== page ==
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Science for Environment Policy, Issue 384

14.09.2014
Obecné
Science for Environment Policy, Issue 384

A service from the European Commission...

Shale gas: independent planning is key to reducing environmental impacts of fracking
Funding for scientists, planners and inspectors should be available before any shale gas development begins, a new review recommends. As revenue for such staff is often provided by the development itself, planning, which is vital to provide immediate environmental protection as well as monitoring long-term impacts, is neglected. The researchers also advocate the use of 'adaptive management' as a decision-making framework for this complex issue.
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Target the crop not the soil - to reduce fertiliser use
'Feed the crop not the soil' is the message of a new review into sustainable phosphorus use. Currently, phosphorus fertiliser is applied to the soil, and plants then take it up through the roots. However, more precise nutrient management is needed on farms, the researchers say, so that the phosphorus is targeted at the crop just as it needs it.
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Greener car driving is encouraged by feedback, says Dutch study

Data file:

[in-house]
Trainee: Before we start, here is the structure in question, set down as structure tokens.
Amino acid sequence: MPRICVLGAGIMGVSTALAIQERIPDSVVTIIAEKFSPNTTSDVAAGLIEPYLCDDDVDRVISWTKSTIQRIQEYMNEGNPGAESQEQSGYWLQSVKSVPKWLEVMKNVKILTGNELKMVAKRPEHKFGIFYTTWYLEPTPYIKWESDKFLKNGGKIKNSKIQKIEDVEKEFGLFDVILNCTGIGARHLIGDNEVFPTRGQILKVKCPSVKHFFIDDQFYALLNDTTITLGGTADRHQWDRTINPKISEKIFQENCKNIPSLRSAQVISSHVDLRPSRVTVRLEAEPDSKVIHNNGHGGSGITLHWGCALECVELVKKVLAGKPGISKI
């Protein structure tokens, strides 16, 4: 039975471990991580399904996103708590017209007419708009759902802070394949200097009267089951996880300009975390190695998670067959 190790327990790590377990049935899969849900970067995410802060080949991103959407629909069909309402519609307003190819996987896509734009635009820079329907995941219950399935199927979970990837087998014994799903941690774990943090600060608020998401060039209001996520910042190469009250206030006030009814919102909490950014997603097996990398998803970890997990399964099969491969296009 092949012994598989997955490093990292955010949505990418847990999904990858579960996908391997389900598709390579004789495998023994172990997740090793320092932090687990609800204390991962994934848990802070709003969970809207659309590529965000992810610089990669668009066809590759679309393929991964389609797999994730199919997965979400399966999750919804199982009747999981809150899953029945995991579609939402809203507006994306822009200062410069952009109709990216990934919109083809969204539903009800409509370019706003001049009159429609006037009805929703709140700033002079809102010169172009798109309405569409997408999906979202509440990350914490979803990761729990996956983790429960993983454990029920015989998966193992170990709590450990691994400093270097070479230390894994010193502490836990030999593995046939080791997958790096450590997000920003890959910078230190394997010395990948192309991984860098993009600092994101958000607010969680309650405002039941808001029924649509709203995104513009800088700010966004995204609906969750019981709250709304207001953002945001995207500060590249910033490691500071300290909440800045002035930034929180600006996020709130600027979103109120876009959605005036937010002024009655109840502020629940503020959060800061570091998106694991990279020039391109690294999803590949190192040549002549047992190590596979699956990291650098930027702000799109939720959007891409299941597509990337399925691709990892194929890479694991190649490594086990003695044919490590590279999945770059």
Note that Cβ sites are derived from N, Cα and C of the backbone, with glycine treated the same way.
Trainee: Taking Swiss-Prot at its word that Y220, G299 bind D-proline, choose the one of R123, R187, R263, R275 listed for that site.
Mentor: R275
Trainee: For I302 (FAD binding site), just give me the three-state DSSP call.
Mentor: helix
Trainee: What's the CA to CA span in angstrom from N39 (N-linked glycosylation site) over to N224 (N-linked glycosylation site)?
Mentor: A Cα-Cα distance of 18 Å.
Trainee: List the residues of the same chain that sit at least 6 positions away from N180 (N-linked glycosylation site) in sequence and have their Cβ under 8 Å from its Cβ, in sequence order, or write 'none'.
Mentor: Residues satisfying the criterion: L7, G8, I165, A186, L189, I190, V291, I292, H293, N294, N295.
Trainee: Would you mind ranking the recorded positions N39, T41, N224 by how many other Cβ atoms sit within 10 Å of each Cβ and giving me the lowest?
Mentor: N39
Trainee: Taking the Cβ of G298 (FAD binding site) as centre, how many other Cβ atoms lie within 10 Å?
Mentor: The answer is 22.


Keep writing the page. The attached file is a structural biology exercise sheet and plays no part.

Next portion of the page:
Motivation to practise fuel-efficient driving may be more influenced by environmental concerns than by financial benefits, research suggests. In promoting fuel efficiency, this survey of Dutch motorists highlights the power of providing feedback to drivers - both environmental and economic - on their behaviour.
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Compacted urban soils improved with composts have long-term benefits for tree growth
Adding compost to compacted urban soils can provide a lasting effect that aids tree growth, new research indicates. Urban soils improved with added organic material are less compacted after five years compared with soils that have not been treated with organic composts, the study suggests.
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How vulnerable to climate change is agriculture in the Black Sea region?
The impacts of climate change in the Black Sea region are likely to affect agriculture in Ukraine, Romania, Moldova, Hungary, Bulgaria and Turkey, new research suggests. The number of days of plant growth was reduced in these countries as a result of reduced precipitation, increased temperatures and low capacity for irrigation to supplement water needs. A strong legal framework is necessary to deal with conflicting future demands for water, say the researchers.
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